© Cengage Learning 2012

17 FIGURE 32-49 Butt joint at a 45° angle.
© Cengage Learning 2012

18 FIGURE Some vertical tee joints are easier for right-handed or left-handed welders. © Cengage Learning 2012

19 Horizontal Welds Rely on weld bead to support molten weld pool
Shelf must be built up under molten weld pool Weave pattern Completely different than any other position Sheet may be tipped back 45 degree angle for stringer bead

20 Horizontal Stringer Bead
Considerations Start with a small bead and build to desired size Too large a molten weld pool is started Shelf does not have time to form properly Weld bead will sag downward and not be uniform There may be an undercut of top edge Overlap on bottom edge

21 Overhead Welds Considerations Wear proper personal protection
Leather gloves Leather sleeves Leather apron Cap Molten weld pool Held to sheet by surface tension Weld direction Matter of personal preference

22 Stringer Bead Considerations
Place metal at a height recommended by your instructor With the torch off, your goggles down, and a rod in your hand, try to progress across the sheet Use several directions until you find the direction that best suits you Change the height of the sheet to determine the height that is most comfortable

23 FIGURE Overhead. © Cengage Learning 2012

24 Mild Steel Pipe and Tubing
Both small diameter and thin wall can be gas welded Process for both are usually the same Thin-wall material does not require a grooved preparation Gas welding is used on both pipe and tubing to make bicycles, hand rails, works of art, etc.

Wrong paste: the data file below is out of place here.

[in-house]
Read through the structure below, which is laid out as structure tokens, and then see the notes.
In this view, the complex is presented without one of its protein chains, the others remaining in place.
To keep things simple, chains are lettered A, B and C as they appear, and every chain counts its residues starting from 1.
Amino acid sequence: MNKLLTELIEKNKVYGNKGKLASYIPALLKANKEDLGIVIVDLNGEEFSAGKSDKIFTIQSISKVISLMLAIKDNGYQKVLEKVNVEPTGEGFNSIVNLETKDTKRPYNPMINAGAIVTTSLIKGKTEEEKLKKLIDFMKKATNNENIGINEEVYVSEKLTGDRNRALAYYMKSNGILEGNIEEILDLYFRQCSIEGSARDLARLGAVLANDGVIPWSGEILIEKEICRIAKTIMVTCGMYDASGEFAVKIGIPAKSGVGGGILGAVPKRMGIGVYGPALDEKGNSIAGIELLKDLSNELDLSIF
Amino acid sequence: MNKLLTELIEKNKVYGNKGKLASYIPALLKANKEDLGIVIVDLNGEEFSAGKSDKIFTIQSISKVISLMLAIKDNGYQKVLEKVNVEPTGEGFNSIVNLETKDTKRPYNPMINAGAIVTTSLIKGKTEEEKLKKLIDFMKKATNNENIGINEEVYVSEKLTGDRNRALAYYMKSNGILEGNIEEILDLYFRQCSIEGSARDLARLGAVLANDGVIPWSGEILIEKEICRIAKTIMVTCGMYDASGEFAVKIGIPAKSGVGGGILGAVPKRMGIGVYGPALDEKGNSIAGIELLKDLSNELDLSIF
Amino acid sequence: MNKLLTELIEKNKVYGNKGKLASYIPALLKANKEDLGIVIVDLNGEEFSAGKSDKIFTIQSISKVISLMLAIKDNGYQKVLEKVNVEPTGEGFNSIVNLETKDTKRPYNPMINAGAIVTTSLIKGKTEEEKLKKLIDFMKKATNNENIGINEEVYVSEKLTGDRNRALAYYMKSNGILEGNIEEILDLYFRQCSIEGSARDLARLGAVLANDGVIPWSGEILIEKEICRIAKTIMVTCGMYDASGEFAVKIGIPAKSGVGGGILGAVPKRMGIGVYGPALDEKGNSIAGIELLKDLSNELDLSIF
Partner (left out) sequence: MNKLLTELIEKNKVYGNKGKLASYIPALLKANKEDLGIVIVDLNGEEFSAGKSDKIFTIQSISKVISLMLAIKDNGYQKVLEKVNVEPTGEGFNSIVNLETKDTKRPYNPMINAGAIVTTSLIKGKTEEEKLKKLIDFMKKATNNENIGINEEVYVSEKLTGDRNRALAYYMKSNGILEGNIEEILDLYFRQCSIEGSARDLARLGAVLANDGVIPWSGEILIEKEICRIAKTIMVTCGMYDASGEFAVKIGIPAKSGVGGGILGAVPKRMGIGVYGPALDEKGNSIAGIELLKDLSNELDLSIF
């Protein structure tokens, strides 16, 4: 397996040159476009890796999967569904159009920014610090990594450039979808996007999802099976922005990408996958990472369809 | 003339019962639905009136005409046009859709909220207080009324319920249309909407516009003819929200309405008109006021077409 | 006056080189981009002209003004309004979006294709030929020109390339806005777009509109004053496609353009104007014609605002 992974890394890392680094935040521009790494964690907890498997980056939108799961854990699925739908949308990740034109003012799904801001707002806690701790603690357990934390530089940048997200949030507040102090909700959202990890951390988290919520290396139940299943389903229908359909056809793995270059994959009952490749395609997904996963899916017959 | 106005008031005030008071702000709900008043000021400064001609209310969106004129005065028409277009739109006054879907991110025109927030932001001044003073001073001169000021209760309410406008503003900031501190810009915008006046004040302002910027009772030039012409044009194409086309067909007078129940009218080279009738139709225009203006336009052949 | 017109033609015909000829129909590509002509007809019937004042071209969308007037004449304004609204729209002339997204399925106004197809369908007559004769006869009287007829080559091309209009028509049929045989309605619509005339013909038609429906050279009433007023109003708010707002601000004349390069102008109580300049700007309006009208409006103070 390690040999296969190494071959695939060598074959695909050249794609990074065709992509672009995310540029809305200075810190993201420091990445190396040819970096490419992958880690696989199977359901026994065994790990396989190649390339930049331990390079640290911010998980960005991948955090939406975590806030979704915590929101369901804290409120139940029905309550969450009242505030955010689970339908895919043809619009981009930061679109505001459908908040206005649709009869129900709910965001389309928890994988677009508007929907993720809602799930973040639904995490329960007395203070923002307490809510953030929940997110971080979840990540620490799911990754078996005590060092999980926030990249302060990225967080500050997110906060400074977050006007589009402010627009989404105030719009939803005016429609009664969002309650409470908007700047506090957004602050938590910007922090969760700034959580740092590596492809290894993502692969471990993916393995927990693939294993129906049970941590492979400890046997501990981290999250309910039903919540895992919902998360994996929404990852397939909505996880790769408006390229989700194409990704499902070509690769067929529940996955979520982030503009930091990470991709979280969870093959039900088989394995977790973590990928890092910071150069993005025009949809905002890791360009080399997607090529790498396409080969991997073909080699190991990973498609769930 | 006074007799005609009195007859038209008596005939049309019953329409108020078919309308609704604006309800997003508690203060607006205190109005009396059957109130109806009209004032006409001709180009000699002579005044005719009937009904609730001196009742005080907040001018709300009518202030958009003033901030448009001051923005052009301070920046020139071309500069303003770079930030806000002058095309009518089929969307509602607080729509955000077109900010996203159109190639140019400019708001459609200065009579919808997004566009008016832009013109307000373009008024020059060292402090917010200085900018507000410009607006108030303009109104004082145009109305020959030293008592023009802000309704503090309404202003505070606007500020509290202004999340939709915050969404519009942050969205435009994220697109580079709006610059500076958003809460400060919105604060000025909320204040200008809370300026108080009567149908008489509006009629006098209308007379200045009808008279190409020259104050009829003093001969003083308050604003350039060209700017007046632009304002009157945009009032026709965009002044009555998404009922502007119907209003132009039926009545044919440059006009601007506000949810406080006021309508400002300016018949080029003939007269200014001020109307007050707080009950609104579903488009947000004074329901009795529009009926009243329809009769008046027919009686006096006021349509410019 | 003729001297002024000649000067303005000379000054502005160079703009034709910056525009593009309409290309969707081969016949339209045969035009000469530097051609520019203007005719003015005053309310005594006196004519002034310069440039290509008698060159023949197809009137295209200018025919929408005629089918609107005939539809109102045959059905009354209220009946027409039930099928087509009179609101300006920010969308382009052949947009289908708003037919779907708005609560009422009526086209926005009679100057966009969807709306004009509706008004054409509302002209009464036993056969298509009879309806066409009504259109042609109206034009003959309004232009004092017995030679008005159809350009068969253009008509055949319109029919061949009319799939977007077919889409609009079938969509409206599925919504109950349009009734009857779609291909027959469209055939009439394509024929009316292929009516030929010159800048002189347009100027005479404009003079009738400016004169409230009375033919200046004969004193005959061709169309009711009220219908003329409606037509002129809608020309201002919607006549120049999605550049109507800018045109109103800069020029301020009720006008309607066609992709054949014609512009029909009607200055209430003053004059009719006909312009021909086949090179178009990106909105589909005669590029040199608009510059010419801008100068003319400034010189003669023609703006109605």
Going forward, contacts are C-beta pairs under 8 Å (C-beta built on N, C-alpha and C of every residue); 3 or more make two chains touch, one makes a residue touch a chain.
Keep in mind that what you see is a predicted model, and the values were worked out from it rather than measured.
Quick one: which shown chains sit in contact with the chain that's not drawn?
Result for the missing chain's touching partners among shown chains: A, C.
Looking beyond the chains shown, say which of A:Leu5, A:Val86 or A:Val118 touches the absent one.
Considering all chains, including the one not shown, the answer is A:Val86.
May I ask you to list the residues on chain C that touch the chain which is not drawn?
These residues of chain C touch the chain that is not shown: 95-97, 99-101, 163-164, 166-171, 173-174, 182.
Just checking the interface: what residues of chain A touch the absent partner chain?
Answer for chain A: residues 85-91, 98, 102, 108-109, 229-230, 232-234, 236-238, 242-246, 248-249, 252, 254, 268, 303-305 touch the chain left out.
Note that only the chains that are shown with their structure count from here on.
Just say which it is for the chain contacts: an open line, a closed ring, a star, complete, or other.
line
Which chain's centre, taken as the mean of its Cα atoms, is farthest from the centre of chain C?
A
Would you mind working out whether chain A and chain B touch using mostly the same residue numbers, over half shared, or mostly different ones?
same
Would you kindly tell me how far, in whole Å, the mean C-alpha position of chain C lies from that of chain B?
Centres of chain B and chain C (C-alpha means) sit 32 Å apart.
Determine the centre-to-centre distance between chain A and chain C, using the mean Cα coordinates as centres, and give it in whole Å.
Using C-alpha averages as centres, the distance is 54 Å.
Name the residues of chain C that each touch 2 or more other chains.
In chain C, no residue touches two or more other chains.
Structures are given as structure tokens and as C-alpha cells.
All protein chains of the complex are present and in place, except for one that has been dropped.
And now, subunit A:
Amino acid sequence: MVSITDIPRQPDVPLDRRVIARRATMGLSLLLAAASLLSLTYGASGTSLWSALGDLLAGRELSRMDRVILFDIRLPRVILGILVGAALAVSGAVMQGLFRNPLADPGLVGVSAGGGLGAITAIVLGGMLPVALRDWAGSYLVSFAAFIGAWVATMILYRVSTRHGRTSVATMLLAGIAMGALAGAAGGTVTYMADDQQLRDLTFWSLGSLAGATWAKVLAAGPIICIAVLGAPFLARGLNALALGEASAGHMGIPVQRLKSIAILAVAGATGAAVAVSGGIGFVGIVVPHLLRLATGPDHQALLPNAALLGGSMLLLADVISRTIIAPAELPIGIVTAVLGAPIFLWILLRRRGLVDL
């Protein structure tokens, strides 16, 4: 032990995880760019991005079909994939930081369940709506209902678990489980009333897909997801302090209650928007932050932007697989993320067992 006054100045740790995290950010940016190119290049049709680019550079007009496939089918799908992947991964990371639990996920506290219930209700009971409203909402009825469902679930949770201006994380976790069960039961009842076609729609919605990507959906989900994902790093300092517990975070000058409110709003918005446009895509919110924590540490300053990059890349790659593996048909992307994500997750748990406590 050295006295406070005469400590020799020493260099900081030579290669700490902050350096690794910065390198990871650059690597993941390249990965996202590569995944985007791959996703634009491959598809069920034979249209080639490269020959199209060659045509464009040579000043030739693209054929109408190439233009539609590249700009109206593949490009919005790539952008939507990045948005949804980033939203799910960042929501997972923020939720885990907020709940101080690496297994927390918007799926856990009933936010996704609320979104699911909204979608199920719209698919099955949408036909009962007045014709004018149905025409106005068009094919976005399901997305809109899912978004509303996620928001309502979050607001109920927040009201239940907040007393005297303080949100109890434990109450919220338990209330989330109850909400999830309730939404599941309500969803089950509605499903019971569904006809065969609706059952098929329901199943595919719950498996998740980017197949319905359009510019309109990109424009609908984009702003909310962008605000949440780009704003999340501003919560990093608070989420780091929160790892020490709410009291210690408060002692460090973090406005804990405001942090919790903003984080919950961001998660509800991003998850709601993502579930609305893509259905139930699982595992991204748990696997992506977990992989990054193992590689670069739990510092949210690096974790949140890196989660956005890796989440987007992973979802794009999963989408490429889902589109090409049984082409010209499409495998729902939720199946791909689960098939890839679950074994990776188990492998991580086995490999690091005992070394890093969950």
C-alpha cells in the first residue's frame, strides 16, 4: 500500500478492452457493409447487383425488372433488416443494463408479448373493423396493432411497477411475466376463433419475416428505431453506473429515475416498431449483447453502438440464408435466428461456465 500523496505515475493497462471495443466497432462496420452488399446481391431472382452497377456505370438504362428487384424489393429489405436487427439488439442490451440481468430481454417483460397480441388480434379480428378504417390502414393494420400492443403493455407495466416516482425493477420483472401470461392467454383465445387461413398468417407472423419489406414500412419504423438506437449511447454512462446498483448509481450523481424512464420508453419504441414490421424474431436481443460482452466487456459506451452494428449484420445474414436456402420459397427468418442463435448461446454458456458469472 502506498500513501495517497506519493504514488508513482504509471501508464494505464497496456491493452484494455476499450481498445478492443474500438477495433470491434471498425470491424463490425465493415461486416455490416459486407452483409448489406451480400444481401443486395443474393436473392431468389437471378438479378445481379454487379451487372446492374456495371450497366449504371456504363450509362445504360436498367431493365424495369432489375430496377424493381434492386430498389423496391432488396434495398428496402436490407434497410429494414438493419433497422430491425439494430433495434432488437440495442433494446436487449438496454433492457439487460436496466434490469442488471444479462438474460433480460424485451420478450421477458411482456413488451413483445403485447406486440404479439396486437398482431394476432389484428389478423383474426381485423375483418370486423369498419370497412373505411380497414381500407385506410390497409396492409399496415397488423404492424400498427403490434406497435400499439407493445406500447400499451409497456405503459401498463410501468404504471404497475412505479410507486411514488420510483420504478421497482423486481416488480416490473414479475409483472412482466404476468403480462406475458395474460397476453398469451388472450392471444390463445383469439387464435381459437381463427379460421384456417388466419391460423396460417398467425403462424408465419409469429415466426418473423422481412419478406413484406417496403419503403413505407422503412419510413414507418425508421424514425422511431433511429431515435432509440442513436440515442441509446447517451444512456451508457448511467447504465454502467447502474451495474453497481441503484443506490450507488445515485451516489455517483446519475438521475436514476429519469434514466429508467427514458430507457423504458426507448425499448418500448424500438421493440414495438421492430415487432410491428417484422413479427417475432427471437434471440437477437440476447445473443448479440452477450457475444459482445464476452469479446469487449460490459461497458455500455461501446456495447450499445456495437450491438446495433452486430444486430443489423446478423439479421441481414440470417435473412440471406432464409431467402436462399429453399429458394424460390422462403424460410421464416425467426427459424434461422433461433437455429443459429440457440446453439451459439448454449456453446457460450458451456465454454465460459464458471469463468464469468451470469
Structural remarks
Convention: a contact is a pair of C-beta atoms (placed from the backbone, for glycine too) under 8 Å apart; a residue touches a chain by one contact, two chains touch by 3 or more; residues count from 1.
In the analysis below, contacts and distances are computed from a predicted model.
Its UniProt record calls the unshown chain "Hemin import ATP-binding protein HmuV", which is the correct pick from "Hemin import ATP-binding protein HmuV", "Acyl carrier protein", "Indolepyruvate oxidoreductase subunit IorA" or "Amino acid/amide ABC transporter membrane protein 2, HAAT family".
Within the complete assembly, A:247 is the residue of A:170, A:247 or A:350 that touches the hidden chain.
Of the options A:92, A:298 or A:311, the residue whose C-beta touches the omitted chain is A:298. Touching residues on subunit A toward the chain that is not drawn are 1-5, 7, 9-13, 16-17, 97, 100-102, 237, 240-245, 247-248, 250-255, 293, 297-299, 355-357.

25 Horizontal Fixed Position 5G
Requires little skill development after completing the horizontal rolled position 1G welds Torch height and angle skills help 5G position As the weld changes from overhead to vertical, the weld contour changes Overhead bead shape controlled by: Stepping the molten weld pool Moving the flame and rod back and forth

26 Horizontal Rolled Position 1G
FIGURE G position. The pipe is rolled horizontally. The weld is made in the flat position (approximately 12 o’clock as the pipe is rolled). © Cengage Learning 2012

27 Horizontal Fixed Position 5G
FIGURE G position. The pipe is fixed horizontally. © Cengage Learning 2012

28 Vertical Fixed Position 2G
Vertically fixed pipe requires a horizontal weld Skill required for the 2G position similar to horizontal butt joint FIGURE 32-69 2G vertical fixed position. © Cengage Learning 2012

29 45º Fixed Position 6G Considerations
Careful manipulation of molten weld pool is required Weld progresses around the pipe Changing from vertical to horizontal to overhead to flat Not completely in any one position Combination of compound angles makes the 6G position difficult

30 FIGURE 32-71 6G position. The pipe is inclined at a 45° angle.
© Cengage Learning 2012

31 Thin-Wall Tubing Technique similar to welding a stringer bead around a pipe Penetration not a concern: welding proceeds as if you were making a stringer bead on pipe Penetration is required: weld will have a keyhole

32 FIGURE 32-73 The keyhole in the root of the joint helps to ensure 100% root penetration.
© Cengage Learning 2012

33 Summary Learning to control heat input to weld is important
Changing torch angle, height, or travel speed Oxyacetylene welding Process of preference for part-time and amateur welders Most common problem with OFW welding Heat and weld distortion on large weldments

Download ppt "Chapter 32 Oxyacetylene Welding."

Similar presentations

Ads by Google